Wednesday, 9 July 2008

RaPAL ... and deliberate irony

The latest edition of the RaPAL (Research and Practice in Adult Literacy) journal dropped on my door mat this morning. I must say it’s great to have end-of-term time to sit down and have more than just a quick browse.

The first thing that caught my eye was Genevieve Clarke; I recognised her name from the Vital Link site (see my earlier post on ‘Sandals’). She writes about 2008 a National Year of Reading and is clearly passionate about promoting reading for pleasure. She finishes her piece with this rather sweeping statement: ‘The continuing challenge is to make this [a love of books] a regular part of every Skills for Life learner’s experience.’

Then, as I continued skimming, I thought I was seeing things! Each time I flicked a page I noticed that the emboldened headings within a rather long article looked remarkably similar - in fact, identical - to half a dozen
Adult Literacy Curriculum speaking and listening elements.

This, of course, immediately drew me in. In fact I ditched my almost finished Grisham paperback and took the journal to read on the X3 into Oxford. Could there be another person out there as obsessed with curriculum elements as me? I turned back to the start of the article to make sense of it.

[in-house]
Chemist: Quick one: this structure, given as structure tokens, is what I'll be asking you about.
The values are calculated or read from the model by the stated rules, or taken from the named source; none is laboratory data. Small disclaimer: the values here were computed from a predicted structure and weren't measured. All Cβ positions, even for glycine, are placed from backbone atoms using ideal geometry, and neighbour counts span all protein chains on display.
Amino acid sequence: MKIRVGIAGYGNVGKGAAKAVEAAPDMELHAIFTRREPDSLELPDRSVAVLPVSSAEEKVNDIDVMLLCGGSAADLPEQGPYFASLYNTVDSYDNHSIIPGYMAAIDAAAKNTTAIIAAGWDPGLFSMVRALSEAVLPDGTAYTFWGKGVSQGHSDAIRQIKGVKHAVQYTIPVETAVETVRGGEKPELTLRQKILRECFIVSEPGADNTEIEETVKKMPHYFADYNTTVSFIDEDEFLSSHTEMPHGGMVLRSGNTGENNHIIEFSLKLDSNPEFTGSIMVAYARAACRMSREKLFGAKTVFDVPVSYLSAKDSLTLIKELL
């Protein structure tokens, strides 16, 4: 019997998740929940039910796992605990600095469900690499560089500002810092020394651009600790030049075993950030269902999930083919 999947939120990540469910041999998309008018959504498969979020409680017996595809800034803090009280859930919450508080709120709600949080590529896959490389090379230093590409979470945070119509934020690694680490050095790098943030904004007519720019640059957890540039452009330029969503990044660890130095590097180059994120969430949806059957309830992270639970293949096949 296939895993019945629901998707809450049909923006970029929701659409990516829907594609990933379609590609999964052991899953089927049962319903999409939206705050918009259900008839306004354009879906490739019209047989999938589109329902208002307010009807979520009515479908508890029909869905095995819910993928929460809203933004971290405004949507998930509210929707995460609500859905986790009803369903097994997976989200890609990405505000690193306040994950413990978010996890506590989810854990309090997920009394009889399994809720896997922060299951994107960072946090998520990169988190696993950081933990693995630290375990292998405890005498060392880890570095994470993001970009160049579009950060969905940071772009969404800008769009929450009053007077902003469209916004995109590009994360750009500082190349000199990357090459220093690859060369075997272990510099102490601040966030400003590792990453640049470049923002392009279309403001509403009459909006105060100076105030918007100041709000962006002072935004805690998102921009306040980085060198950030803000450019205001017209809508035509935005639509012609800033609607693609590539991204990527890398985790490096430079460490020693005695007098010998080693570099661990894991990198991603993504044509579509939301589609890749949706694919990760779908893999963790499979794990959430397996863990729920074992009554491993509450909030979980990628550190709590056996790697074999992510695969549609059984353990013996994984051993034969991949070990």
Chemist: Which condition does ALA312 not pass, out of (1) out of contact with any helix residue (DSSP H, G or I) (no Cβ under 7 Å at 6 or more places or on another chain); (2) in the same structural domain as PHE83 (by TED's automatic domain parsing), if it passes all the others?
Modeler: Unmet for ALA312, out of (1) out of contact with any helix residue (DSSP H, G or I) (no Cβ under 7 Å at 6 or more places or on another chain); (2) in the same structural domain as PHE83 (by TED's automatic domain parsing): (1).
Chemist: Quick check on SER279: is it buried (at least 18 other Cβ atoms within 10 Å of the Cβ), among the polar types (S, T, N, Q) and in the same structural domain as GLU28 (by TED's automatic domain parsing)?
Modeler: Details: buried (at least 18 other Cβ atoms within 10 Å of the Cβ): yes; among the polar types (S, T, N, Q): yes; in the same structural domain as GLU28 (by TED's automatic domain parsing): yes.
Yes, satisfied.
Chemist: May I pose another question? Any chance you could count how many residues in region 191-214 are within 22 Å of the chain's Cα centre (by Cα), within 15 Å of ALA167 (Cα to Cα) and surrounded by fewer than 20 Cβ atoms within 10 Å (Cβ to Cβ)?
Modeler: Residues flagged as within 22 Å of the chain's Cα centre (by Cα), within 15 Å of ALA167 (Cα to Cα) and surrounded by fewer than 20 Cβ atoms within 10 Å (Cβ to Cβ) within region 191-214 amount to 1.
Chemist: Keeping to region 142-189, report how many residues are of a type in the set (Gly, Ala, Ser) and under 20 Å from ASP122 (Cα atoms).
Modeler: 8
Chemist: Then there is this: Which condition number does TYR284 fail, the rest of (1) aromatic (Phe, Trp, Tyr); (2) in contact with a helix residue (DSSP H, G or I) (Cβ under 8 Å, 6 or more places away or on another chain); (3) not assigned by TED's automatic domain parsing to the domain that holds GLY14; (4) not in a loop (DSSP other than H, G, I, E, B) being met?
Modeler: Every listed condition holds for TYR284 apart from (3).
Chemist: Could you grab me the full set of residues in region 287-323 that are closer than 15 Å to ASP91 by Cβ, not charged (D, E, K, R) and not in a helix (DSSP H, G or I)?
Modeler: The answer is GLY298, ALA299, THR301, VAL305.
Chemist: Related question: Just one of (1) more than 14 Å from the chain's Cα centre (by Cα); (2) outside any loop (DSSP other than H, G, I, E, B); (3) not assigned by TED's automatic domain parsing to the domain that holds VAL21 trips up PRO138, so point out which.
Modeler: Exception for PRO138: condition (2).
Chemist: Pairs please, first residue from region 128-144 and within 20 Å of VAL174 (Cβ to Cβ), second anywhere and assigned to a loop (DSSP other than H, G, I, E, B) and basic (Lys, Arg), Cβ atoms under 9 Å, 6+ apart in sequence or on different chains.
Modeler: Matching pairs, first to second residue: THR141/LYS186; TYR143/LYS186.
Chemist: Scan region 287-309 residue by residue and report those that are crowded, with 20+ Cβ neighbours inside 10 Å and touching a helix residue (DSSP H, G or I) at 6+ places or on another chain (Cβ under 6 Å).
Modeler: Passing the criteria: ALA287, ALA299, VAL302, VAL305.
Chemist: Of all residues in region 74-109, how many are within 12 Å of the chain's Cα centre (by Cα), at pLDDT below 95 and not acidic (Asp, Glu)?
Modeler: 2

The author is Bob Hill, a Skills for Life tutor, and he writes a clever, tongue-in-cheek piece (or as he says ‘…deliberately ironic’). It turns out that each heading of ‘Who’s Speaking, Who’s Listening? Reducing Re-offending Through Skills and Employment’ is a subtle dig at the government’s shortcomings. The underlying message being that they (the government) are not making a very good job of following the curriculum – especially the listening elements!

In case you’re wondering, here are the headings used in the article (curriculum levels and numbering provided by me). Note that most are (only) at Entry Level 2!
Follow and contribute to discussions on a range of straightforward topics. SLd/L1.1
Speak clearly to be heard and understood in straightforward exchanges. SLc/E2.1
Follow the main points and make appropriate contributions to the discussion. SLd/E2.2
Make requests and ask questions to obtain information in familiar and unfamiliar contexts. SLc/E2.2
Express clearly statements of fact and give short explanations, accounts and
descriptions. SLc/E2.3
Support opinions and arguments with evidence. SLd/L2.4
Of course, there’s more than this to the article. For example, the author is very disgruntled (with good reasons supplied) about the removal of funding for short 3 hour and 6 hour courses.

There’s lots more to read in Volume 65 including useful information on how Leicester College takes a WOA (whole organisation approach) to embedding Skills for Life. Don’t forget the embedded / contextualised section on the site - I’m always looking for new materials!

A moving piece on ‘…violence, literacy and learning’ left me feeling totally unable and unqualified to comment - so I won’t even try.

There’s also an eye-opening perspective on broadsheets and why it’s hopeless trying to catch a girl’s eye on the train if you’re hidden behind the Guardian (but the Sun’s all right)! Several other very lengthy tomes, that I haven’t read yet, discuss basic education in the British army, and Christian Science.

So, it really is (as it says on the cover) a bumper issue! I’ve been a member since 2005, when I was studying for the Level 4 Literacy Certificate in Professional Practice, and it nearly always provides food for thought. If you don’t subscribe have a look in your college library and see if it’s on the shelf.

No comments: